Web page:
It’s common to see some initial resistance when online employee training first comes into a company—especially from more senior employees. Τhis is not one of the problems with eLearning per se, as much as it is a “people” problem. Some employees are creatures of habit and tend to view any new process or technology as an intrusion to their regular workflows.
To win the hearts of your “old school” learners, you need to convince them that online learning is better, faster and easier than conventional classroom-based training. So, get promoting! Play on eLearning’s strengths, like the fact that it gives learners the freedom to study at their pace and from wherever they are. Show them how asynchronous learning frees them from rigid class schedules.
Another reason learners may be resistant to online learning is that they’re afraid of using a new system and messing it up. To counter this, schedule time to train employees on the layout and use of the eLearning environment itself. Training will prevent any real or perceived LMS illiteracy from holding your learners back.
2. Technical Difficulties
Learners will often be perfectly willing and even eager to use their new eLearning-based training environment, only to be stopped in their tracks by a technical difficulty. Technical issues are among the most common problems faced by online learners. They can also be the most dispiriting, as your users will feel helpless against them. We’re not talking about the occasional technical glitch here or there (which is an unavoidable fact of life). Instead, we’re referring to broader issues: ones that stem from using the wrong eLearning platform.
A desktop LMS application with demanding CPU requirements, for example, will be unusable (or unbearably slow) for employees with older PCs.Similarly, a mobile client that works on iOS only or will have Android users feeling left out. Or vice versa. To protect your training program from such issues opt for a lightweight LMS platform that’s accessible from both desktop and mobile clients, and across all popular platforms and operating systems. When it comes to mobile learning, connectivity issues are another common problem, especially in countries (or areas) with spotty network coverage.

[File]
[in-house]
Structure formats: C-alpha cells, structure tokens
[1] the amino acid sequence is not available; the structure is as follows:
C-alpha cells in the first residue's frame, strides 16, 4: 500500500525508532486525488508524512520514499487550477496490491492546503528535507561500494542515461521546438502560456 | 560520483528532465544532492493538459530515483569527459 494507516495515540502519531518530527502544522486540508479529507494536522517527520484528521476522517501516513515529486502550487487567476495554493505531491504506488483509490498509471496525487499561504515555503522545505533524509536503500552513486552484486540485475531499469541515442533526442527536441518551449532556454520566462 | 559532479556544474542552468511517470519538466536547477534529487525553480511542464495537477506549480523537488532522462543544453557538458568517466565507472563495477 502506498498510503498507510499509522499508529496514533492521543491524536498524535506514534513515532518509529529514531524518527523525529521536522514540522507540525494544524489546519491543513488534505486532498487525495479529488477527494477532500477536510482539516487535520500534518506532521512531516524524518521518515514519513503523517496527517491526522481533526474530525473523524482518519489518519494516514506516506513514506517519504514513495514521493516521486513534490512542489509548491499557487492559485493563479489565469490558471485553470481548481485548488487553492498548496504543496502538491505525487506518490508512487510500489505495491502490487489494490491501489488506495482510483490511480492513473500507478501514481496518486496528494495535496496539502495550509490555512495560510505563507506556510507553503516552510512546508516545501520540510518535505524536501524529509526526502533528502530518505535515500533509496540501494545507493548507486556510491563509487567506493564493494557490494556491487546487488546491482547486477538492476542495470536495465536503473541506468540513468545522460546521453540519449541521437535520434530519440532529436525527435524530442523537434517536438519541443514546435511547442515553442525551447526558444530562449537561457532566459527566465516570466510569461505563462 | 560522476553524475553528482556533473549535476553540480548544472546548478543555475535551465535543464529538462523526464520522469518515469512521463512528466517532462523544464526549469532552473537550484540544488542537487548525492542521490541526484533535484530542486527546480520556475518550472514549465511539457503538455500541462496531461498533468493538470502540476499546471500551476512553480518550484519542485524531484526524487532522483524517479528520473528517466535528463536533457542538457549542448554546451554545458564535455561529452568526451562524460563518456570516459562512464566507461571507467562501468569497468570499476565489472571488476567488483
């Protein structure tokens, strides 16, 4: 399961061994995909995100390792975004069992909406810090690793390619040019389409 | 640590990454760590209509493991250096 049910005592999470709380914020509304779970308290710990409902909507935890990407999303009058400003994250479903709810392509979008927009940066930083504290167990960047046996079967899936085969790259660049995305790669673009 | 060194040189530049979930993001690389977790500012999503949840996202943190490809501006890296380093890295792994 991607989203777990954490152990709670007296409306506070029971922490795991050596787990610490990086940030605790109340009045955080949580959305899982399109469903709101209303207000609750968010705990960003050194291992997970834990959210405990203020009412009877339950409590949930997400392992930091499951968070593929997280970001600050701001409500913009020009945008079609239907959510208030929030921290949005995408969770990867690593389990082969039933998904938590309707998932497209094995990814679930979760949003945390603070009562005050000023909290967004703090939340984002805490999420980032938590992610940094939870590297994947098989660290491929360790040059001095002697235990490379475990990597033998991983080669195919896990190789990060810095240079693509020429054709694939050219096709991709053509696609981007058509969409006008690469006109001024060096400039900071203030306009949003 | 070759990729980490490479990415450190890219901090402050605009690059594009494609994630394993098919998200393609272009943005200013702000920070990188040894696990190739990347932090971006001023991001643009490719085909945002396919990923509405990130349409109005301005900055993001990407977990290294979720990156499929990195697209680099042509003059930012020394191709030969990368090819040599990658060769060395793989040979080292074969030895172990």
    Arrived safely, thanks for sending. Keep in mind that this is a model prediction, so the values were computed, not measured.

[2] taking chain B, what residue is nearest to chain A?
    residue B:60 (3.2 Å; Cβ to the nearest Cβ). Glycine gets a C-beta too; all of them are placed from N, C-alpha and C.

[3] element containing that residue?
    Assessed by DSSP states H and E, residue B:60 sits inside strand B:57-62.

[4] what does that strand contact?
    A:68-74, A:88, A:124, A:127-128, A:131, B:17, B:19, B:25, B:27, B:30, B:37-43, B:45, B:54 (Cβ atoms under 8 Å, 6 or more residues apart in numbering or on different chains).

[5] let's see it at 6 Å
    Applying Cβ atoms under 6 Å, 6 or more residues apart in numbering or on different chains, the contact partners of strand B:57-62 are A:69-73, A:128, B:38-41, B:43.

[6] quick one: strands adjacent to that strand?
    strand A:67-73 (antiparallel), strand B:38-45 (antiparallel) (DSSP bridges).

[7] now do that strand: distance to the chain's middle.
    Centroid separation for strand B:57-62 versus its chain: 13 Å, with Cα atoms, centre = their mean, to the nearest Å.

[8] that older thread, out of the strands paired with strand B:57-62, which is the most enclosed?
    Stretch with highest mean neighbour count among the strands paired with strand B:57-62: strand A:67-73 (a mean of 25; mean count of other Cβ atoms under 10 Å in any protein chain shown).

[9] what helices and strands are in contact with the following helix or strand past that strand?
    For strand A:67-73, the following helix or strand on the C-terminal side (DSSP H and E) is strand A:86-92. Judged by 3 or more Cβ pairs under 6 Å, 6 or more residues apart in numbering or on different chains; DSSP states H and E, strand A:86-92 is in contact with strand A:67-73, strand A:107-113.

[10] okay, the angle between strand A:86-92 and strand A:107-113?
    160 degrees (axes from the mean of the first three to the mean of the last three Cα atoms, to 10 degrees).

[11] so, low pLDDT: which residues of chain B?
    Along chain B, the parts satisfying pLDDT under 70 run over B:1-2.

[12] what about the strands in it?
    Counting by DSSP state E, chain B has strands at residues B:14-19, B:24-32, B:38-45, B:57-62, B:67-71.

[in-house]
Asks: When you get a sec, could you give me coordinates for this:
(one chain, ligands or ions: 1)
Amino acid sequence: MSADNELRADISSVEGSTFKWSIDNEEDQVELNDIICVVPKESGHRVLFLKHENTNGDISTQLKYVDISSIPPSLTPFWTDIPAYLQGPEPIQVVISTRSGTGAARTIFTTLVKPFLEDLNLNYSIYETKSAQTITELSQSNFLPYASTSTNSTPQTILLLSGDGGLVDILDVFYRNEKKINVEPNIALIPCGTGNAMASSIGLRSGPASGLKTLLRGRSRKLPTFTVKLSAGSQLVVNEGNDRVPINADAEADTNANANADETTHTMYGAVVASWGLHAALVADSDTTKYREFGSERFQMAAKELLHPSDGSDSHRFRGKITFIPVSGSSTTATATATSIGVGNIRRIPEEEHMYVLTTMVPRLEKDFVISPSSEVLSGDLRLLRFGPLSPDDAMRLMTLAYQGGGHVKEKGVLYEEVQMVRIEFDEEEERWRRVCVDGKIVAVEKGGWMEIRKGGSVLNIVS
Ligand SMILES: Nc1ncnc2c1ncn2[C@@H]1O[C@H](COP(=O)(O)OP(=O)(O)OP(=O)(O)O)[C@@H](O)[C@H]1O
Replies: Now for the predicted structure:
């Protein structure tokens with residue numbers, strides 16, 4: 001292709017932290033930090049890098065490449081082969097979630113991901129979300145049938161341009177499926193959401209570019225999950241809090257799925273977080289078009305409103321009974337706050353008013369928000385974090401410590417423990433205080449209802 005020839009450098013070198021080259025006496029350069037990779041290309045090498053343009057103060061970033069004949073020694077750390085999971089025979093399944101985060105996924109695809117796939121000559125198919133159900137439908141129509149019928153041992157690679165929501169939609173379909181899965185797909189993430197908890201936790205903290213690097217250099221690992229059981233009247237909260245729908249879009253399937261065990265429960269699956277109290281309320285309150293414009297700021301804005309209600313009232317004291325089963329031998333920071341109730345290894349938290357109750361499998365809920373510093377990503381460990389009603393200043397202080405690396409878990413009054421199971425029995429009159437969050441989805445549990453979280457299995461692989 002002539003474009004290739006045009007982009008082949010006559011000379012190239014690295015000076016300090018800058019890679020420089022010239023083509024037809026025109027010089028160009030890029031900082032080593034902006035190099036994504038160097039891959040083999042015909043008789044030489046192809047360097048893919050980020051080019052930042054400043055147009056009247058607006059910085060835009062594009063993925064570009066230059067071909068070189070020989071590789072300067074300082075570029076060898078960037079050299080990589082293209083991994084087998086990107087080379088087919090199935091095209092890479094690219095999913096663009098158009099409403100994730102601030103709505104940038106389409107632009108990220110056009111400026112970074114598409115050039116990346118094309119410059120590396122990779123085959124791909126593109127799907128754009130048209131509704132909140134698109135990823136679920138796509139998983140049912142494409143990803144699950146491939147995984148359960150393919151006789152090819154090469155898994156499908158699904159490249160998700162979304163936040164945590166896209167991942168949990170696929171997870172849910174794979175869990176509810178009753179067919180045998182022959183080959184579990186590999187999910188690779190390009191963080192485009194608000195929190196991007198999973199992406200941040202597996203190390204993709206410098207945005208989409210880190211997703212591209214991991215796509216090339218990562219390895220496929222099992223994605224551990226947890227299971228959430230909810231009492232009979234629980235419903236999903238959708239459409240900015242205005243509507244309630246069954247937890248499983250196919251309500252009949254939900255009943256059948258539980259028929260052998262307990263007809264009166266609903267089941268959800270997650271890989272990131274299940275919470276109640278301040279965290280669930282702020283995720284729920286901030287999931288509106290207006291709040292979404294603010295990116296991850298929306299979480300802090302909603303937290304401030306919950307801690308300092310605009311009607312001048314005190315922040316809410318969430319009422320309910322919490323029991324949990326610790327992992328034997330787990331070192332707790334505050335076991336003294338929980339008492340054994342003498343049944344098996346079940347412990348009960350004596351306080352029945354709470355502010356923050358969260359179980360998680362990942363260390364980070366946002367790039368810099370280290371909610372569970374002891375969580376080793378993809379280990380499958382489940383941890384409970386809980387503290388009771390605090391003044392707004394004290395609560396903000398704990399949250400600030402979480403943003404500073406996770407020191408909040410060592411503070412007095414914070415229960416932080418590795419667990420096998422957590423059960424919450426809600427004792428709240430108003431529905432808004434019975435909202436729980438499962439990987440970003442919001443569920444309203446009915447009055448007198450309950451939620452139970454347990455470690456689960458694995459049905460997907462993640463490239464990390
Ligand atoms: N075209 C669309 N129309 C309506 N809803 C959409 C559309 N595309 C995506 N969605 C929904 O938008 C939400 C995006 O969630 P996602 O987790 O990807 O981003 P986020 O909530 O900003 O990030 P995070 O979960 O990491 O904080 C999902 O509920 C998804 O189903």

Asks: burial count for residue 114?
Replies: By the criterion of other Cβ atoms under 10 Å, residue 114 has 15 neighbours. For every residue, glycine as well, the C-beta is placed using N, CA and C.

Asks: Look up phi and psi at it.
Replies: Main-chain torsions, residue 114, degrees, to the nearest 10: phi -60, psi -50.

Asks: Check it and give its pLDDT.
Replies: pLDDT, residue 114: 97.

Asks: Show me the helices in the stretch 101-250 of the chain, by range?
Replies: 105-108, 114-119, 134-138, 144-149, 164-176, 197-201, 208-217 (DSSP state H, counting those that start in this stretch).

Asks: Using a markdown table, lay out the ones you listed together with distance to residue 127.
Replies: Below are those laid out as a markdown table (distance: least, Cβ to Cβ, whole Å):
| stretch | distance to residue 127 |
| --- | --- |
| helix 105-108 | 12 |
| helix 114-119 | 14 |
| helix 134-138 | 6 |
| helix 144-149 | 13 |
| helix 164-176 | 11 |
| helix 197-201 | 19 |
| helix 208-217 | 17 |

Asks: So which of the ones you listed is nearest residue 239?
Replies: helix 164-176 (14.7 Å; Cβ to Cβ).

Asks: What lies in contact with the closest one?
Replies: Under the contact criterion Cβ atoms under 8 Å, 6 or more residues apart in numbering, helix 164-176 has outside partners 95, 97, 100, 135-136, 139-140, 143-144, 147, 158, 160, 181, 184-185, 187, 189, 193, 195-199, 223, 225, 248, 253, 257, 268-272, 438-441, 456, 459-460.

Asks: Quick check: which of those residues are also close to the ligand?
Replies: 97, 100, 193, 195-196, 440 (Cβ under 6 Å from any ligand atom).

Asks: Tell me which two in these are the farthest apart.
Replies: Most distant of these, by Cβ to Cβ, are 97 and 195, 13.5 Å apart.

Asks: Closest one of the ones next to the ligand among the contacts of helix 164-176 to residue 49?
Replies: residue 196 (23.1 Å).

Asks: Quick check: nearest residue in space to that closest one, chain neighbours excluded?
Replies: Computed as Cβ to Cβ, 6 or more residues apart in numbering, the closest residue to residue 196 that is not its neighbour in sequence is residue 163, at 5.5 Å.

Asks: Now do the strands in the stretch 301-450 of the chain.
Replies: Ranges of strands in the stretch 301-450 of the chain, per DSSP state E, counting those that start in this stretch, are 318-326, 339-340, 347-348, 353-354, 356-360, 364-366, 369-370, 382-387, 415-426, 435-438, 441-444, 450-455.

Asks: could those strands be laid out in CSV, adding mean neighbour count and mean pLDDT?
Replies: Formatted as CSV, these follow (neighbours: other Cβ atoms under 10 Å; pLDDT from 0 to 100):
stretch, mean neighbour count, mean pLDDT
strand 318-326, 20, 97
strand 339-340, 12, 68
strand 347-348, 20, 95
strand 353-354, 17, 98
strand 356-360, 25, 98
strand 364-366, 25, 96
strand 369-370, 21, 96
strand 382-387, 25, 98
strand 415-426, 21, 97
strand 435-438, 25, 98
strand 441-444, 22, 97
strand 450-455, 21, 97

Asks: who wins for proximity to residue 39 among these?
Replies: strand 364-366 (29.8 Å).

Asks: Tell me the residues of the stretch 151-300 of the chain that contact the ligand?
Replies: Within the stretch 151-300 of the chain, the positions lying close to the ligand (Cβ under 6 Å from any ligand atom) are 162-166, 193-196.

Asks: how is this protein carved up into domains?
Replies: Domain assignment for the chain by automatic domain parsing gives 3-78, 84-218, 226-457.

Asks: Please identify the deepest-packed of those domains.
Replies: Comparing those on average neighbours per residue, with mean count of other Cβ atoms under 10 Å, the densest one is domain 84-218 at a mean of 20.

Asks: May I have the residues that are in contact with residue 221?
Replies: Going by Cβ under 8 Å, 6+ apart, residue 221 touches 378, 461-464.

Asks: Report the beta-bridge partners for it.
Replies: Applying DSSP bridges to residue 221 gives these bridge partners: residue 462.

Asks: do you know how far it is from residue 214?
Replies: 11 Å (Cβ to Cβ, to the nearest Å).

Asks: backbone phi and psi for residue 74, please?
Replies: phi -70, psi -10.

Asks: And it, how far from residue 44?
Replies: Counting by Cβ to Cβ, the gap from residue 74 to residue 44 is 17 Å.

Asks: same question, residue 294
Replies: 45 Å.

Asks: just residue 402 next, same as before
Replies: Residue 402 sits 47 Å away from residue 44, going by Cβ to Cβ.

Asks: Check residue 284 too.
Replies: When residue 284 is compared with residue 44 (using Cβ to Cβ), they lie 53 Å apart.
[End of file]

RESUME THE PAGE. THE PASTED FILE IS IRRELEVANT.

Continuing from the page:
3. Lack Of Motivation
eLearning gives learners the power to study at their own pace. With great power, however, comes great responsibility. In online learning, the learners are responsible for setting aside time to study and ensure they’re not left behind.
For some users, this is fine. For those who lack discipline or internal motivation? Not so much. The inability to correctly pace themselves is one of the most common problems faced by online learners. To make sure that learners follow through with their studying, training managers can define a formal schedule with specific deadlines for the completion of various course units and due times for the course deliverables. This way, users who want to go through their courses faster can, while users that lack the organizational skills can use the official schedule as their study roadmap. Such a schedule should be communicated to every learner, and be readily accessible at all times from within their online training portal (e.g., as an embedded calendar view). Reminding users through a second channel like email of upcoming tests and other major training events is also good practice.
4. Lack Of Interactivity
Some people learn better in a social context. For them, online learning with its emphasis on individual access and self-paced studying can feel somewhat impersonal. Lack of interaction with other learners or instructors is one of the most common problems faced by eLearners. It’s also one of the inherent problems with online classes in general—at least in their strictly asynchronous version. It doesn’t have to be that way, though.
If an actual classroom is not an option, you can arrange for frequent teleconference-based meetings for learners. Features such as video, audio, shared screens, and virtual whiteboards, will allow them to collaborate without having to share a physical space.
Last but not least, plain old text-based forums allow for course collaboration and open discussion, without requiring users to meet online at a specific time. This just one more tool that makes online learning more personal for your learners.